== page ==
Deaf Peddler: Chapter Three
But other locations are good for peddling as well. In malls, people are already out shopping and generally in a mood to spend money, which is always beneficial to a peddler’s business. And a peddler learns quickly that weekends are the times to visit malls, while weekdays often aren’t worth the trip. But then, as I’ve already mentioned earlier, malls are prone to customer base problems; namely, you find the same local people returning week after week or month after month. They’ve seen the peddler’s product, and sooner rather than later, the market reaches its saturation point.
Sometimes, however, just the opposite happens. Once when I was peddling at a food court in one of Atlanta’s malls, I noticed a policeman watching me. After a while, he came up to me and asked what I was doing. I handed him one of my pamphlets and he got on his walkie-talkie, asking a supervisor what to do about me. Five minutes later he received a reply and told me there was no peddling allowed in the mall. “But just between you and me,” he said, “you can continue for one more hour.” Then he handed me two dollars and said he wished he could give me more, but that was all he had in his pocket! I worked as quickly as I could for the next hour to earn as much as possible in the time I had. It certainly was a different experience: a police officer who helped out with my daily income, rather than helping me out of the mall!
In addition to the motivation supplied by an overall goal, there is the day to day, minute to minute motivation a peddler must maintain. From experience, I know how easily frustrated one can become when selling is difficult and a day doesn’t measure up to expectations. It’s normal to feel disenchanted when a potential customer turns you down, but it’s more important to shrug it off and look ahead to the next opportunity.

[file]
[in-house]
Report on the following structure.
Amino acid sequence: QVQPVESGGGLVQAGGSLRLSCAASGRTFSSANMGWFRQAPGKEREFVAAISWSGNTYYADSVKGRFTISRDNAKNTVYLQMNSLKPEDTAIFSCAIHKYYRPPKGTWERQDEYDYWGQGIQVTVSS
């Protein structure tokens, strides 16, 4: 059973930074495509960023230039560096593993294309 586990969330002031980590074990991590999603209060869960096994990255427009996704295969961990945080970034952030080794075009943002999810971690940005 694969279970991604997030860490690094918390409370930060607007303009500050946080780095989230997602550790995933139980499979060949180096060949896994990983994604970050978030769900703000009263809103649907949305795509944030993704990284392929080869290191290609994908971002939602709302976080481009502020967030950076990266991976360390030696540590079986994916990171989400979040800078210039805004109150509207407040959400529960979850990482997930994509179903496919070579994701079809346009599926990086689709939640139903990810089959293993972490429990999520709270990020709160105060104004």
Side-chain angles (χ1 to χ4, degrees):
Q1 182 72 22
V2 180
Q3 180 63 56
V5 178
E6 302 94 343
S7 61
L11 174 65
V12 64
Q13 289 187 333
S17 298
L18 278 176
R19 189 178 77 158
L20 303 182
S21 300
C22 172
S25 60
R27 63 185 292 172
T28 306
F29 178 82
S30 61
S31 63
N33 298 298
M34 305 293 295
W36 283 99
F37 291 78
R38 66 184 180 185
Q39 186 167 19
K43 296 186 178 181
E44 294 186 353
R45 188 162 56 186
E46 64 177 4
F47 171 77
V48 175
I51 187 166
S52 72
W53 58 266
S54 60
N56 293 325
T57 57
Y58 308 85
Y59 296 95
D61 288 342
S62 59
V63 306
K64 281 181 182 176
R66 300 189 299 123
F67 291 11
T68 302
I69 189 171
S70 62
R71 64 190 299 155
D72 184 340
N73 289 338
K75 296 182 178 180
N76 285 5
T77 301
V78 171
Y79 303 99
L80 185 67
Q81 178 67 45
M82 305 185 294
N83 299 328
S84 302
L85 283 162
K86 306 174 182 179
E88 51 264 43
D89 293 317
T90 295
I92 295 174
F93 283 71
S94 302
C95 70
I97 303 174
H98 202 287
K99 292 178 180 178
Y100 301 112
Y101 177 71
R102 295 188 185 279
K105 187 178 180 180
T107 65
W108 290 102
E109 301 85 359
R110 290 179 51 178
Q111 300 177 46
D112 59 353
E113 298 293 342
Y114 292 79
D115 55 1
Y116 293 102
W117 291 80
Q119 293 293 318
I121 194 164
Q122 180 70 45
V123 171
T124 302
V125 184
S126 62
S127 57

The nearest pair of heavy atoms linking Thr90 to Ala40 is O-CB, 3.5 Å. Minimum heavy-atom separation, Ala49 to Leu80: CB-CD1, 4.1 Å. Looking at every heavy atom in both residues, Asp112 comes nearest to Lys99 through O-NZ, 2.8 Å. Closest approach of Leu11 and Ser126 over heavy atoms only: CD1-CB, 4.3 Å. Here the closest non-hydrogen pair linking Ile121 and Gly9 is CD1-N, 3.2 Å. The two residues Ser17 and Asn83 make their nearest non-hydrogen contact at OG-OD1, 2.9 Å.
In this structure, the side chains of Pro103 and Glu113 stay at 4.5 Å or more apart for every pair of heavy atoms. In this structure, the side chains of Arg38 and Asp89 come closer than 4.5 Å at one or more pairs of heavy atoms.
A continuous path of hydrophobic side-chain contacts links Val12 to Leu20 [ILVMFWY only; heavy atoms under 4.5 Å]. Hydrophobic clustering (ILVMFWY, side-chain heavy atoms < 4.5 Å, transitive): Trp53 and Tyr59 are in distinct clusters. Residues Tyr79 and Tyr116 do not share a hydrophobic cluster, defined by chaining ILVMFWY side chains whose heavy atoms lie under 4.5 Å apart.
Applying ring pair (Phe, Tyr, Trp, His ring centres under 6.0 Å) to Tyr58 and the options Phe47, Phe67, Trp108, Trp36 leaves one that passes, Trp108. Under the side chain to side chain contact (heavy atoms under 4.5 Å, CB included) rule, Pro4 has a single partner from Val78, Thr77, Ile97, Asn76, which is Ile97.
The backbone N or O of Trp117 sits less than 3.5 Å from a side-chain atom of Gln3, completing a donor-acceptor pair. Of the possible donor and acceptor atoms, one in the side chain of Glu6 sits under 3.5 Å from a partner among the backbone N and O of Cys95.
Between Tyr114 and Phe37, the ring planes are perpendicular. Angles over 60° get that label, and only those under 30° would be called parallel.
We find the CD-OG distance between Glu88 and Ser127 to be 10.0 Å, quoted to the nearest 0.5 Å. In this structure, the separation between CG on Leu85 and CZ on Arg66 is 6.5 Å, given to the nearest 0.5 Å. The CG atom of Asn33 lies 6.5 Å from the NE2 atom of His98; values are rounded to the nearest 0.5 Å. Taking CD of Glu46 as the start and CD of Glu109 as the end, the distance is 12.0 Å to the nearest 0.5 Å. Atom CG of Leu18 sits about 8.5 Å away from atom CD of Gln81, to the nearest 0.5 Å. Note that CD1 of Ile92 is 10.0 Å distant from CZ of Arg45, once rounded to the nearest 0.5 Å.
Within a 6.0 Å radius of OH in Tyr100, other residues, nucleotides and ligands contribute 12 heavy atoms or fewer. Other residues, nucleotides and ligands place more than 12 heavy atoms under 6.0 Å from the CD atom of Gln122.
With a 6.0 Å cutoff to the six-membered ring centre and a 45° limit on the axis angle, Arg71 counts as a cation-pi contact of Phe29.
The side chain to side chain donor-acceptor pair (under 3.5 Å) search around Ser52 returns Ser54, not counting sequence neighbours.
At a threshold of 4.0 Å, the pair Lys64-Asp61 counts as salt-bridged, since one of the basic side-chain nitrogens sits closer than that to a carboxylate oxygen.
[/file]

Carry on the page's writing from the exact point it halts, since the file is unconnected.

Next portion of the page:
Occasionally, instead of being brushed off, a deaf peddler encounters a hearing customer who knows some sign language and is quite excited to be able to use it. Meeting someone with whom one can communicate and who has some knowledge of Deaf culture is refreshing, but it still doesn’t deter a peddler from trying to make a sale.
At a Steak ’n Shake late one evening, I was making my usual rounds, putting a pamphlet on each table and heading back to retrieve what people had left, when a customer stopped to talk to me. Apparently he had recently seen the movie Children of a Lesser God and wanted to discuss it. We were communicating by writing back and forth, and I asked if he’d mind if I finished my rounds first. He told me to go ahead, and when I returned he offered to buy me dinner. I had to turn him down because I still had more work to do, and he told me he’d been inspired by the movie and asked if he could he write me a check. I told him that would be difficult for me, and so he opened his wallet. All he had was two twenty-dollar bills and, after a moment of hesitation, he handed me both.